Unions across the health service are moving closer to action over pay. Mike Jackson, lead negotiator of the Unison union, which has 450,000 members in the NHS, said, 'Health workers feel a strong sense of injustice that the government has welched on a deal and is trying to impose a pay award that represents a pay cut in real terms.
'The retail price index is currently running at 4.4 percent so a 2.5 percent rise is already well below the level of inflation. Staging it has reduced its value still further.
'Our health workers deserve better and need more just to keep up with the rising cost of living.
'The devolved administrations in Scotland, Wales and Northern Ireland have decided not to stage the pay award, but the British government is obstinately refusing to take any action to ensure nurses and others get a decent pay award.'
The GMB, Unite and Ucatt unions have already agreed to ballot alongside Unison. Unison's health executive will meet later this week to decide on the timetable of the ballot.
The Royal College of Midwives is also set to ballot in September. The 23,000 midwives could withhold unpaid overtime, removing on average seven hours per midwife per week, which currently saves the NHS £2 million a year.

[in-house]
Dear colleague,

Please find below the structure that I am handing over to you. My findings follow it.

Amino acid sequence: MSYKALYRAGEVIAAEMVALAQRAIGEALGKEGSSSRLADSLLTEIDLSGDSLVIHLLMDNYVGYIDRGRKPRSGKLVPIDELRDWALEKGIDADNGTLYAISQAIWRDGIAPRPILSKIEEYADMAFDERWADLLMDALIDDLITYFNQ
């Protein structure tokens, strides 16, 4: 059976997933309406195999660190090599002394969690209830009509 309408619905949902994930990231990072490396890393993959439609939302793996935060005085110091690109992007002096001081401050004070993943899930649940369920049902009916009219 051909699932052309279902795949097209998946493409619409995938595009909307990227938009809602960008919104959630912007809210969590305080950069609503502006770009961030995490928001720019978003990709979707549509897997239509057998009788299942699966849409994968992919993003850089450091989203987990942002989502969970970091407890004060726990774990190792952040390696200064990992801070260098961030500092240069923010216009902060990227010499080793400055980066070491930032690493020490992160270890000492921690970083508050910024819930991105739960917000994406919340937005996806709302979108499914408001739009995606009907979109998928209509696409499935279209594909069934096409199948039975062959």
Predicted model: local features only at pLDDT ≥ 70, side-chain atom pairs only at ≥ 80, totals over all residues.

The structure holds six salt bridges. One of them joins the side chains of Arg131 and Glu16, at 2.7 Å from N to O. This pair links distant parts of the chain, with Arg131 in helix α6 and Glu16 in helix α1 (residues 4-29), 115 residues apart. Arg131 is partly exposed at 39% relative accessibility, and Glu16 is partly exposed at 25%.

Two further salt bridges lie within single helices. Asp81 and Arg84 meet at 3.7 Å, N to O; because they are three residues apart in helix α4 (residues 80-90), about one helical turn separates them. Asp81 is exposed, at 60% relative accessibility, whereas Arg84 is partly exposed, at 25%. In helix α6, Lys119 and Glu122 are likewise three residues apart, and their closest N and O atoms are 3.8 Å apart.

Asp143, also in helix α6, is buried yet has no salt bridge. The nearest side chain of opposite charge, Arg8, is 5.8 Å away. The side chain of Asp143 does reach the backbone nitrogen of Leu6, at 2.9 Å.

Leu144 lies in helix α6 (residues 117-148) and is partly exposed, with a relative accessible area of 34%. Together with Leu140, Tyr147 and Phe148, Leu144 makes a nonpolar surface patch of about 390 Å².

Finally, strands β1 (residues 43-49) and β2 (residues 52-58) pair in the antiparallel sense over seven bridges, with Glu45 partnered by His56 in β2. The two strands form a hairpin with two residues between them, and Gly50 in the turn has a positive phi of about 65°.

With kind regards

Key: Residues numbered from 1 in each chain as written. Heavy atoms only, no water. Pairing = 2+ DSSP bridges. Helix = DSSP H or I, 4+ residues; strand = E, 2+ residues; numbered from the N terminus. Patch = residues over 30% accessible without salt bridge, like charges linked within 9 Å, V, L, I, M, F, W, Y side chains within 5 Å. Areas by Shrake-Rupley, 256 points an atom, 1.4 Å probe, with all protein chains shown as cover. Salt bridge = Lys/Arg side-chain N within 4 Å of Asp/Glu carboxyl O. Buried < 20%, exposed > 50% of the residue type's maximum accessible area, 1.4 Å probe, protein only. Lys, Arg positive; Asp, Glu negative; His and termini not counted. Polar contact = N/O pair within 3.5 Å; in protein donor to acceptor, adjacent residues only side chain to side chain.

The Royal College of Nursing is currently balloting its 300,000 members about what form of industrial action they would be prepared to take.
The Unison, GMB and Unite unions say that local government employers have to make an improved offer or face a ballot for strike action.
According to Unison general secretary Dave Prentis, 'The threat of local government strike action in England, Wales and Northern Ireland moved a step closer.
We know that employers have budgeted for a rise of at least 2.5 percent – it's time for them to act responsibly and come up with a better offer or face a ballot for strike action.'
Heather Wakefield, Unison's head of local government, said, 'This is no way to treat a group of key workers who hold local communities together, care for the elderly and vulnerable, support children's learning and who are already the lowest paid group in the public sector.'
The Unison local government conference last month voted to reject 2 percent and to oppose 2.5 percent if offered.
The national executive of the NUT teachers' union met last week to set a timetable for an industrial action ballot over pay.
The union is set to ballot next term and has recommitted itself to joint action where possible with other public sector unions.